Calluses may seem like one of the most simple foot conditions but there are a number of misconceptions about the causes and treatment of them. Here are some points that we at Edmond/Norman Foot & Ankle want to make sure you know:
Myth: Calluses normally go away on their own.
Fact: Calluses appear as thickened patches of dry skin. They most frequently form on the side of the big toe, the heel or sole of the foot. Many people believe that calluses are a minor skin irritation but in reality, calluses form because of a bone disorder.
Myth: Calluses are not painful.
Fact: Actually, the reason why patients normally come to our board certified- podiatrist, Dr. A. Bil Buksh with a callus is because they are experiencing pain when walking or wearing certain footwear. When a mechanical problem exists in the foot, such as tight calves or fallen arches or a deformity exists, as in a hammertoe or bunion, the affected bone begins to push outward causing pressure on the foot. If it is actually protruding, the foot begins to rub against your shoes at that spot and the friction results in the development of a callus (blisters, corns, or sores may also form). As the pressure increases, pain and discomfort increase as well. In addition, bursa sacs and nerves can become inflamed under the callus creating more disabling pain. So, while a callus may look like a skin problem, the real issue is much deeper in the foot.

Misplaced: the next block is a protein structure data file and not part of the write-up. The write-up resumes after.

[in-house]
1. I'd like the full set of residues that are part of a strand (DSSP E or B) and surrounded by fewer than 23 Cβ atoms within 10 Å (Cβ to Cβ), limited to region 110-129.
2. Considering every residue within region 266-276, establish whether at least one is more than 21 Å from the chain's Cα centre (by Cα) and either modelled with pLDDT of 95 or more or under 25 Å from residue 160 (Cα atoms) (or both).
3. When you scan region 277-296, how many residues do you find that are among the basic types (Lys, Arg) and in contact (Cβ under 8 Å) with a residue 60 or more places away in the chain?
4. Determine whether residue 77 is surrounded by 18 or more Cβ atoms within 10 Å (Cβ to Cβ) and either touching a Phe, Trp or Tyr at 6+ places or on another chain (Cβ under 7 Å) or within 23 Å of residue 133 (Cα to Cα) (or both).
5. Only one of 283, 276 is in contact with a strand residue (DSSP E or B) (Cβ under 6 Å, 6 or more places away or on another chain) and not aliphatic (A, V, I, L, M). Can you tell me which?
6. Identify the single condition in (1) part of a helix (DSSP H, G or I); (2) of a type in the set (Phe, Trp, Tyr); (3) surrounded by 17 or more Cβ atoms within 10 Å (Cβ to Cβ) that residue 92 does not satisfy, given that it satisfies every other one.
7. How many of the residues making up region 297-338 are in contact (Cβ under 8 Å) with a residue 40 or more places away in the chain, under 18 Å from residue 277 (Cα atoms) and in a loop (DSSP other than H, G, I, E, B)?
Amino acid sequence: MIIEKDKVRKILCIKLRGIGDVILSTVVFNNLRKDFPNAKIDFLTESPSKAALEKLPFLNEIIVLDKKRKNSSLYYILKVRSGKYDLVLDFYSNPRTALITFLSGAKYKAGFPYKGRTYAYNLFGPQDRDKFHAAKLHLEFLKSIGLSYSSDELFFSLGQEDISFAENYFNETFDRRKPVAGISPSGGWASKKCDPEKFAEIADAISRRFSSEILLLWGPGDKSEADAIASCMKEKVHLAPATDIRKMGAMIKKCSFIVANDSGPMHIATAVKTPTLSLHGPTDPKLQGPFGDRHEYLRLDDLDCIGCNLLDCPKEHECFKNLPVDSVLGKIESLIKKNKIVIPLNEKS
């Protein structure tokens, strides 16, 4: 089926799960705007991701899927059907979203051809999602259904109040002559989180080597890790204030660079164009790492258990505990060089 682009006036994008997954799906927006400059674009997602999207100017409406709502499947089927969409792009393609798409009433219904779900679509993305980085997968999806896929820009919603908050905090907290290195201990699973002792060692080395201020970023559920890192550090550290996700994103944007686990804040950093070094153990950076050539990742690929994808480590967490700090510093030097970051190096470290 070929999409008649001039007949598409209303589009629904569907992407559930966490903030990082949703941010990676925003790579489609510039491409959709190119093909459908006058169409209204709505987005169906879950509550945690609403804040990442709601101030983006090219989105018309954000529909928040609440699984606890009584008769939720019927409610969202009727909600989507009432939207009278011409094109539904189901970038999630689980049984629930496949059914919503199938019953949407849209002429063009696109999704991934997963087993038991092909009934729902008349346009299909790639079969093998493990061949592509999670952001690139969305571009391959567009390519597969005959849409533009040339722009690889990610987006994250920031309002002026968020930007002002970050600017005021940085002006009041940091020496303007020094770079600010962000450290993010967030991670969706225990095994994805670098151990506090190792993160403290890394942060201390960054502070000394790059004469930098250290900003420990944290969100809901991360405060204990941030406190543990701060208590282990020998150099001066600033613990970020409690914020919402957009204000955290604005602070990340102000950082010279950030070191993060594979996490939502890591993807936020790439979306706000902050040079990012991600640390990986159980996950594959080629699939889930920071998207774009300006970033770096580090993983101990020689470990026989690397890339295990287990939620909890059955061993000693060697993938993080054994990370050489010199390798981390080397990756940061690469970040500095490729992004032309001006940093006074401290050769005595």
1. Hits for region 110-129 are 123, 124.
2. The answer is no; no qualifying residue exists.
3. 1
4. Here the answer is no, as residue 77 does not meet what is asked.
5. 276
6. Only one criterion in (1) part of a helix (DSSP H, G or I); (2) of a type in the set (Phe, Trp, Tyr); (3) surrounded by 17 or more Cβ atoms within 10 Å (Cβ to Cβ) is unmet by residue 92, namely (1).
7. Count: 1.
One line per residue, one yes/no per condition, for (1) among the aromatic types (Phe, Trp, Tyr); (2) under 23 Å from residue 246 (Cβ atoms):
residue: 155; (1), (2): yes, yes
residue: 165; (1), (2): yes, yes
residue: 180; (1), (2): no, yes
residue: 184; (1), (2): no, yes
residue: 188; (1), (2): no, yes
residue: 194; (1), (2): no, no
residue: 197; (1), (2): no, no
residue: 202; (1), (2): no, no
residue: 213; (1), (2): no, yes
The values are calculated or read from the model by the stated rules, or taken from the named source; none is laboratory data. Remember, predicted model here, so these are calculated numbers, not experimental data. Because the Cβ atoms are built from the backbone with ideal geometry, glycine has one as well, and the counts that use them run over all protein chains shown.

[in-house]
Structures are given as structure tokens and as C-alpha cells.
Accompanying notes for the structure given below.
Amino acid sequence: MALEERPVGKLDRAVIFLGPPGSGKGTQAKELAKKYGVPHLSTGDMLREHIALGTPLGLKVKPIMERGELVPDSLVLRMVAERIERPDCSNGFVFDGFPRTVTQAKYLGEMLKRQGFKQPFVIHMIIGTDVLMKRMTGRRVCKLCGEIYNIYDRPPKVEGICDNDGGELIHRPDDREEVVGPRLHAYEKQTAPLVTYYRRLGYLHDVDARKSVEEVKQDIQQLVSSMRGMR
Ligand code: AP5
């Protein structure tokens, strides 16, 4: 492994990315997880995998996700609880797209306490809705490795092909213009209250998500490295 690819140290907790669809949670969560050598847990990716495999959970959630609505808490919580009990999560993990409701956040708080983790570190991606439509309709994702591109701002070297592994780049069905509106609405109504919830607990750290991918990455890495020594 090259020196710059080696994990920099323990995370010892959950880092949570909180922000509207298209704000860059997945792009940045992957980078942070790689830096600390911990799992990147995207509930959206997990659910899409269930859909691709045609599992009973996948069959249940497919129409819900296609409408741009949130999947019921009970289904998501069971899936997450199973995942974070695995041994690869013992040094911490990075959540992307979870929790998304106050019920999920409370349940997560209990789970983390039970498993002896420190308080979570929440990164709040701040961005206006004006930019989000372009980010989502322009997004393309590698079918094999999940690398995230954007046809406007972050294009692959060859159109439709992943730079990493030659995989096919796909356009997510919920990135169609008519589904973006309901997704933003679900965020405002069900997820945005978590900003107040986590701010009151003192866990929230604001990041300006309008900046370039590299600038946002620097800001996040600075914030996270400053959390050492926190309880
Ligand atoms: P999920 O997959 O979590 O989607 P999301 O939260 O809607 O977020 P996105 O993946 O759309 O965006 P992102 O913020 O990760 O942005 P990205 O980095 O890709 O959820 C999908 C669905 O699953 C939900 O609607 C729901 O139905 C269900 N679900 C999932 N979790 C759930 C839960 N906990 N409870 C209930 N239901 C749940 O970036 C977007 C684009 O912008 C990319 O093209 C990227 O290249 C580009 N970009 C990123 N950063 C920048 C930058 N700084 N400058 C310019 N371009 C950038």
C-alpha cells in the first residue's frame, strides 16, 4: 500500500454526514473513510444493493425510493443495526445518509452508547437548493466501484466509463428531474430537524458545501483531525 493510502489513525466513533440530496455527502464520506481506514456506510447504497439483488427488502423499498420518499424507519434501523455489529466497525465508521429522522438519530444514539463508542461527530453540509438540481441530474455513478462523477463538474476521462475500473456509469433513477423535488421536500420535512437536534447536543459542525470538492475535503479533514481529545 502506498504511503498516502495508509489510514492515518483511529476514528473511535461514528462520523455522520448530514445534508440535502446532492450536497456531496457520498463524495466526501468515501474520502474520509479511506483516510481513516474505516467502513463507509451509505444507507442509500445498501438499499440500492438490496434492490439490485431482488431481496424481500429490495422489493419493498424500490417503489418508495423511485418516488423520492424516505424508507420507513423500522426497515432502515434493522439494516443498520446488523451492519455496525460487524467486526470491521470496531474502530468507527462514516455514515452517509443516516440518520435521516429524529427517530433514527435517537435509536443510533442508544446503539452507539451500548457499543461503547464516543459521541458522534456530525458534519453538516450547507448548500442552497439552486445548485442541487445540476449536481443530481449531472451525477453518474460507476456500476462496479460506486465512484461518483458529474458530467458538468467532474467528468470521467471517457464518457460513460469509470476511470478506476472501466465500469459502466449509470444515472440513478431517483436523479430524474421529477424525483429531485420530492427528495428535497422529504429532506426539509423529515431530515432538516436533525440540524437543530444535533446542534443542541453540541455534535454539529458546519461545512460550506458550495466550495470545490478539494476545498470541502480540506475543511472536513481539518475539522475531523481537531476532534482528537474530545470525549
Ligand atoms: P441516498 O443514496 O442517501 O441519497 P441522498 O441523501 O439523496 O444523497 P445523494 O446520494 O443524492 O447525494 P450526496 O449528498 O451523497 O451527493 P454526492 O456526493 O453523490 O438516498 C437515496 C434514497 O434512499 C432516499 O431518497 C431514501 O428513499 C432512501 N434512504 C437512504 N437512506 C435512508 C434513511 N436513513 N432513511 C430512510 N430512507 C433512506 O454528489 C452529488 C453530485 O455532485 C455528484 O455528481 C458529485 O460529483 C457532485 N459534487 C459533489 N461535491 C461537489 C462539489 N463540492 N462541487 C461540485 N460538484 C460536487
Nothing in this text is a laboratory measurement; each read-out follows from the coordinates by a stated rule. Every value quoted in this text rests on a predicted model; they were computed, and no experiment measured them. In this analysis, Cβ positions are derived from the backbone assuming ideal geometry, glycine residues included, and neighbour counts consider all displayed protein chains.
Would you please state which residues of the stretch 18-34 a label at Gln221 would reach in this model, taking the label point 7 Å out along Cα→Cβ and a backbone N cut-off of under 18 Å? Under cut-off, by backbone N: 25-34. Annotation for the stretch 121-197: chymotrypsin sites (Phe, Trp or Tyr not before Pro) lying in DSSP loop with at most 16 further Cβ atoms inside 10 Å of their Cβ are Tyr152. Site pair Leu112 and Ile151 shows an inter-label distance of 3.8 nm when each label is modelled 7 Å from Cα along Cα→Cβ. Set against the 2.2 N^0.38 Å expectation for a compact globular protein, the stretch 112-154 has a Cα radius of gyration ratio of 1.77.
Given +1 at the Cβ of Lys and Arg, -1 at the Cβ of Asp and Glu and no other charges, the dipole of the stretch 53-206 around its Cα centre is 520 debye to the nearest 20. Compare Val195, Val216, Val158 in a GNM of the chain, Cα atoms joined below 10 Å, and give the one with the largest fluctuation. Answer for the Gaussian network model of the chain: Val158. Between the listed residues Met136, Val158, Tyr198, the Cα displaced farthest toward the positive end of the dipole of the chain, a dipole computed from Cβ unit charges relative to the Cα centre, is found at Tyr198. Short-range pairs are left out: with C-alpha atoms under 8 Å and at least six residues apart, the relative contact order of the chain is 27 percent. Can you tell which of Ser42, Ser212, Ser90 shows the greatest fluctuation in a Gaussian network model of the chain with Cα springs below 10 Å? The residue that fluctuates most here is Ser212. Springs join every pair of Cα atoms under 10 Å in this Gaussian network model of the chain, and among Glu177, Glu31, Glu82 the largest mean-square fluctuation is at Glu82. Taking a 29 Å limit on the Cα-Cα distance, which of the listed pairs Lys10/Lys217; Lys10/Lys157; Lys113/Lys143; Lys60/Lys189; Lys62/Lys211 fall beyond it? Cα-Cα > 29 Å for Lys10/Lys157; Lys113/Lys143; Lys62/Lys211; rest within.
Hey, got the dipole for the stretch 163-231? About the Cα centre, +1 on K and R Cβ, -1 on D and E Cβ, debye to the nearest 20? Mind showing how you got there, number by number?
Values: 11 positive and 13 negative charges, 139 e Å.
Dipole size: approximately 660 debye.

Myth: You can treat calluses on your own without a podiatrist.
Fact: While over-the-counter medications exist for calluses, you should have your callus examined by the foot doctor before attempting any treatment. Some non-prescription products can cause chemical burns if not used properly. Under no circumstances should you attempt to cut off the callus! You can try this treatment at home:
- Soak the foot in warm, soapy water.
- Then gently rub the skin of the callus with a foot file or pumice stone.
- Apply an extra-thick moisturizer to the skin when you are done.
The podiatrist will also be working to treat the cause of the callus with custom orthotics, changes in footwear or other therapies to correct structural and deformity issues. In some cases, surgery may be necessary to repair the bone and alleviate the resulting pressure.